Networking is an important part of the job search process because most jobs are discovered through personal communication rather than traditional postings. It may seem overwhelming to think about networking, especially when life is busy, but building your network does not necessarily mean you have to attend large social functions or continuously meet with potential employers.
In fact, many people do not even realize that they network on a daily basis. Are you in contact with professionals in your field of interest at your job, at your internship, or during social events on the weekends? Do you keep in touch with faculty, employers, or peers from your undergraduate or previous professional career? Most likely, yes. These contacts may be helpful as you enter the job market. It is important to be aware of your growing network and utilize this important resource.
Informational interviewing is a form of interviewing that is initiated by the job-seeker. The desired result is not to obtain a job but rather to gather as much knowledge as possible about the market in which you are entering. Therefore the job-seeker will ask questions to find out more about a particular job, the necessary credentials or skills for such a position, and other information that will provide additional insight during the job search. Interviews are brief, lasting about 10 to 15 minutes.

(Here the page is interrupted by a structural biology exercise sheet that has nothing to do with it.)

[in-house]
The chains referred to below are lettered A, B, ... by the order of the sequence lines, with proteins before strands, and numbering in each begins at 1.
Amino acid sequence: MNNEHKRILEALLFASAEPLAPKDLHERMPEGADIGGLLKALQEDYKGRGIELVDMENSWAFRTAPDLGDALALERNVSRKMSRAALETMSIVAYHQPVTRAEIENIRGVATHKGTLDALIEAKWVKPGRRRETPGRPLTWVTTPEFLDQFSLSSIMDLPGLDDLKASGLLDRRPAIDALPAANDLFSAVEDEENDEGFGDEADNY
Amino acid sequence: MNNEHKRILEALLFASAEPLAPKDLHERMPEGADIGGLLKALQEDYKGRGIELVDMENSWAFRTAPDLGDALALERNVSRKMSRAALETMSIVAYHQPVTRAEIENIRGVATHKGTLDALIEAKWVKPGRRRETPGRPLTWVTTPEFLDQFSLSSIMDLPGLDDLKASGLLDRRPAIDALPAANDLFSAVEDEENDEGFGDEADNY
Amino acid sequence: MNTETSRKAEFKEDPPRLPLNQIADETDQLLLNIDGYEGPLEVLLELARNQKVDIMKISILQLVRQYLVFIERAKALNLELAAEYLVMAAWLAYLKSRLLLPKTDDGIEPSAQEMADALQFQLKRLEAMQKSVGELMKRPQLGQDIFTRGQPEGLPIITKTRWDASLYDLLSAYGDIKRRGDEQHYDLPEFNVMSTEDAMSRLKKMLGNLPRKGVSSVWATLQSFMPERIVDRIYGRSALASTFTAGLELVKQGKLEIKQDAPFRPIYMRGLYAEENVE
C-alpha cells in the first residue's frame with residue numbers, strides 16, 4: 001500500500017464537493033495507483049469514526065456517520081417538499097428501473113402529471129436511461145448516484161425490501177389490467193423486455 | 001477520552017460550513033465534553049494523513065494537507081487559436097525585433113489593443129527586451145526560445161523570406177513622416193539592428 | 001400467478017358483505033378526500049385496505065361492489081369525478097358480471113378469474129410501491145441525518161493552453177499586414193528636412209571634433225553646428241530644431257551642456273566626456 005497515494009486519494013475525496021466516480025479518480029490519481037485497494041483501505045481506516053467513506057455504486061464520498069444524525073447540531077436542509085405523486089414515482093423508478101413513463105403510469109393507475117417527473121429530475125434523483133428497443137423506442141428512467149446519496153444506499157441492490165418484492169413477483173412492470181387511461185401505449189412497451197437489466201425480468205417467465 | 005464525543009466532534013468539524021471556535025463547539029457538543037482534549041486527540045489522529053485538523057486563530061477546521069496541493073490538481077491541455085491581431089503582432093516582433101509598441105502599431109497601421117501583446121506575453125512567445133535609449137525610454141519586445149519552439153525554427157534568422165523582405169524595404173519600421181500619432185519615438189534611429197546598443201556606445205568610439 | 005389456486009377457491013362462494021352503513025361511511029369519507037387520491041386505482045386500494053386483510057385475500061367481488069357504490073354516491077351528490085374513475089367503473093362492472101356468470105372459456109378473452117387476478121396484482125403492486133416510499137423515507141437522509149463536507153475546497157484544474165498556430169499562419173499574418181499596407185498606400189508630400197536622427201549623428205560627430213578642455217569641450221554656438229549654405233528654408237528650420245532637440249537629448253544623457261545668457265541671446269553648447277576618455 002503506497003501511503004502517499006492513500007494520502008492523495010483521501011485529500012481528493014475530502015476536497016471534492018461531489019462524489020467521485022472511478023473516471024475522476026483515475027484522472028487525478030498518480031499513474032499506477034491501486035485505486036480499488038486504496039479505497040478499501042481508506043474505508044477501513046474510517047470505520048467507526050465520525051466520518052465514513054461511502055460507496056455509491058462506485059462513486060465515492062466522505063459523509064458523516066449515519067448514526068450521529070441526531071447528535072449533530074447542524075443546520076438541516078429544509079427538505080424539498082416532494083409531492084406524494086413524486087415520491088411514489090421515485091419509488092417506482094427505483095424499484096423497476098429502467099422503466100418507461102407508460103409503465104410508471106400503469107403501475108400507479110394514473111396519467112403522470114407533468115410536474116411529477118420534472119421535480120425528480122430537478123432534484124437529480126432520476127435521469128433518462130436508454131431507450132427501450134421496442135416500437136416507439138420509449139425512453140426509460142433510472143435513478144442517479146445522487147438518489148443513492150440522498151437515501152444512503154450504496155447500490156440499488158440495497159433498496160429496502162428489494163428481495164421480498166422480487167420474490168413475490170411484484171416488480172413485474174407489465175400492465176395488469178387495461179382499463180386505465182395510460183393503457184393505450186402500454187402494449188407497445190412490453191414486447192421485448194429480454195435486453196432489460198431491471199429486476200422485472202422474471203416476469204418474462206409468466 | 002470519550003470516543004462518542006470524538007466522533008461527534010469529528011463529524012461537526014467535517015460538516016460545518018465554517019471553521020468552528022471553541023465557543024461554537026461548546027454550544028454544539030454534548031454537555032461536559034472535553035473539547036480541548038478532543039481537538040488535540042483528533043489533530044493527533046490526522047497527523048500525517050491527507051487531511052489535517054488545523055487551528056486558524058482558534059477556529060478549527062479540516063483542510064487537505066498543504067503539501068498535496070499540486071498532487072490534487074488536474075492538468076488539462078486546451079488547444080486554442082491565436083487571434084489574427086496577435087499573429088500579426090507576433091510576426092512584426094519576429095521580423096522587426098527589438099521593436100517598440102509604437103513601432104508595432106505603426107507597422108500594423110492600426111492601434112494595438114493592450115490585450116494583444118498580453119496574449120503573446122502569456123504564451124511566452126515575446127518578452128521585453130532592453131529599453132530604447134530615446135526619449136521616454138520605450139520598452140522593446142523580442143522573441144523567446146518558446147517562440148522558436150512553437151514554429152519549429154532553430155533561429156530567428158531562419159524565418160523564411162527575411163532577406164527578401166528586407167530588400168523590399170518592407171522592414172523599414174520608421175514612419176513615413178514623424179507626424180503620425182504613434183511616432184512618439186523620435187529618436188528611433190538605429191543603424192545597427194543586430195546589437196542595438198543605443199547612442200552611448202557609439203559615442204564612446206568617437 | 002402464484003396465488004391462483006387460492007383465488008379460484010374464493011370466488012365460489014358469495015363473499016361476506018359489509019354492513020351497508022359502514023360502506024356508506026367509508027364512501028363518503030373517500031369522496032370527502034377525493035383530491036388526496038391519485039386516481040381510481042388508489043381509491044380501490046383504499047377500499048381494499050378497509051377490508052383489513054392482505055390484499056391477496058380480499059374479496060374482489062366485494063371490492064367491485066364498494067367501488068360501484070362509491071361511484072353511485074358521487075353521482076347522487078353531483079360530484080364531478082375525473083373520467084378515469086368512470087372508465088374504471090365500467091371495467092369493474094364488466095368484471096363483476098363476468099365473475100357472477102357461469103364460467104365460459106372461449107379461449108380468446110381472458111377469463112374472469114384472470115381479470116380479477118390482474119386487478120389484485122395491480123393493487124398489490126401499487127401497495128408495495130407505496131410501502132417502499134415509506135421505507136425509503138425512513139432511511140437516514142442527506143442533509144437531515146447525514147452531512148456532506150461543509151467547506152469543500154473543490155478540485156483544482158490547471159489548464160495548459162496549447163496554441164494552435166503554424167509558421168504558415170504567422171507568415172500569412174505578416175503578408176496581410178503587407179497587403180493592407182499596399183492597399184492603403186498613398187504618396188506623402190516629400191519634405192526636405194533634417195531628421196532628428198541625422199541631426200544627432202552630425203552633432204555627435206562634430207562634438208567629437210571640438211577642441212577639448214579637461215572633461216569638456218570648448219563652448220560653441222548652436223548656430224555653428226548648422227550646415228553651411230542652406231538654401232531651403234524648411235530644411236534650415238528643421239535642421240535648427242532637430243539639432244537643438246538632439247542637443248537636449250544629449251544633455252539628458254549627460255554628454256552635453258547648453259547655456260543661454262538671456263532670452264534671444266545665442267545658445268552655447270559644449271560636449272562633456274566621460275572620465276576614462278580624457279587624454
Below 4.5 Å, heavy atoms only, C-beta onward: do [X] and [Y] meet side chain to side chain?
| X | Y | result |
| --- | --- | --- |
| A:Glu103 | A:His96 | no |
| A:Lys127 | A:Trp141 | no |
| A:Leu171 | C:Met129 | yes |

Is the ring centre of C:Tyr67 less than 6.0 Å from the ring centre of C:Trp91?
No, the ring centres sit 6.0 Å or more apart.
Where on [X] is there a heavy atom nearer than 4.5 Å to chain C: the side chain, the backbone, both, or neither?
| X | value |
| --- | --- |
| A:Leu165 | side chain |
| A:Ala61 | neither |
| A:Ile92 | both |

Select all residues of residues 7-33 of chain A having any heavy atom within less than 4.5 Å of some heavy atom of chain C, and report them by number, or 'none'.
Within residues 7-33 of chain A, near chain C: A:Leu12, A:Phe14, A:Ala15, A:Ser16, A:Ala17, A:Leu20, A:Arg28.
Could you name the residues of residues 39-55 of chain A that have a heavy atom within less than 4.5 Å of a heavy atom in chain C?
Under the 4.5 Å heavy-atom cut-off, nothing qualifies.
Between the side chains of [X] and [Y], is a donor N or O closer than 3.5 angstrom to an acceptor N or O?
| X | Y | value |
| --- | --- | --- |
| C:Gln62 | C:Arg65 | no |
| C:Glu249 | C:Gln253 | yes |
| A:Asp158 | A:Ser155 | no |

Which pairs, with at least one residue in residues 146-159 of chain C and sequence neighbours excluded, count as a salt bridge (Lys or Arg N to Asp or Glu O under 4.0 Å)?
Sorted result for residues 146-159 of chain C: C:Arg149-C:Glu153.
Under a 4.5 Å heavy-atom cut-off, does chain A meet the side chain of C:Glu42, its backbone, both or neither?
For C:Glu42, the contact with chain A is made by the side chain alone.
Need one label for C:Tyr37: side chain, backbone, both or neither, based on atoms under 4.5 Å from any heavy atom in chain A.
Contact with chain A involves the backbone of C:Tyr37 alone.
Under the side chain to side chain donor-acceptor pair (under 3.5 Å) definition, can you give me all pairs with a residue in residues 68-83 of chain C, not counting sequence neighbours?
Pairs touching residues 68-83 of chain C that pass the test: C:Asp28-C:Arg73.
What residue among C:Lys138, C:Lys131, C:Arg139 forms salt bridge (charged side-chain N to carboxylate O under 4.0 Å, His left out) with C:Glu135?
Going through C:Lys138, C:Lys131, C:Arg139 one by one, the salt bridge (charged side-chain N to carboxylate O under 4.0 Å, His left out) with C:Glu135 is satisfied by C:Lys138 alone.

Be sure to send a thank-you note immediately after the interview, as the employers/social workers you speak with are generously taking time out of their busy days for you. Informational interviewing is an excellent form of networking because the people you interview will often connect you with additional contacts or provide you with job leads.
Informational interviewing sample questions:
University of Michigan
School of Social Work
1080 South University Avenue
Ann Arbor, MI 48109-1106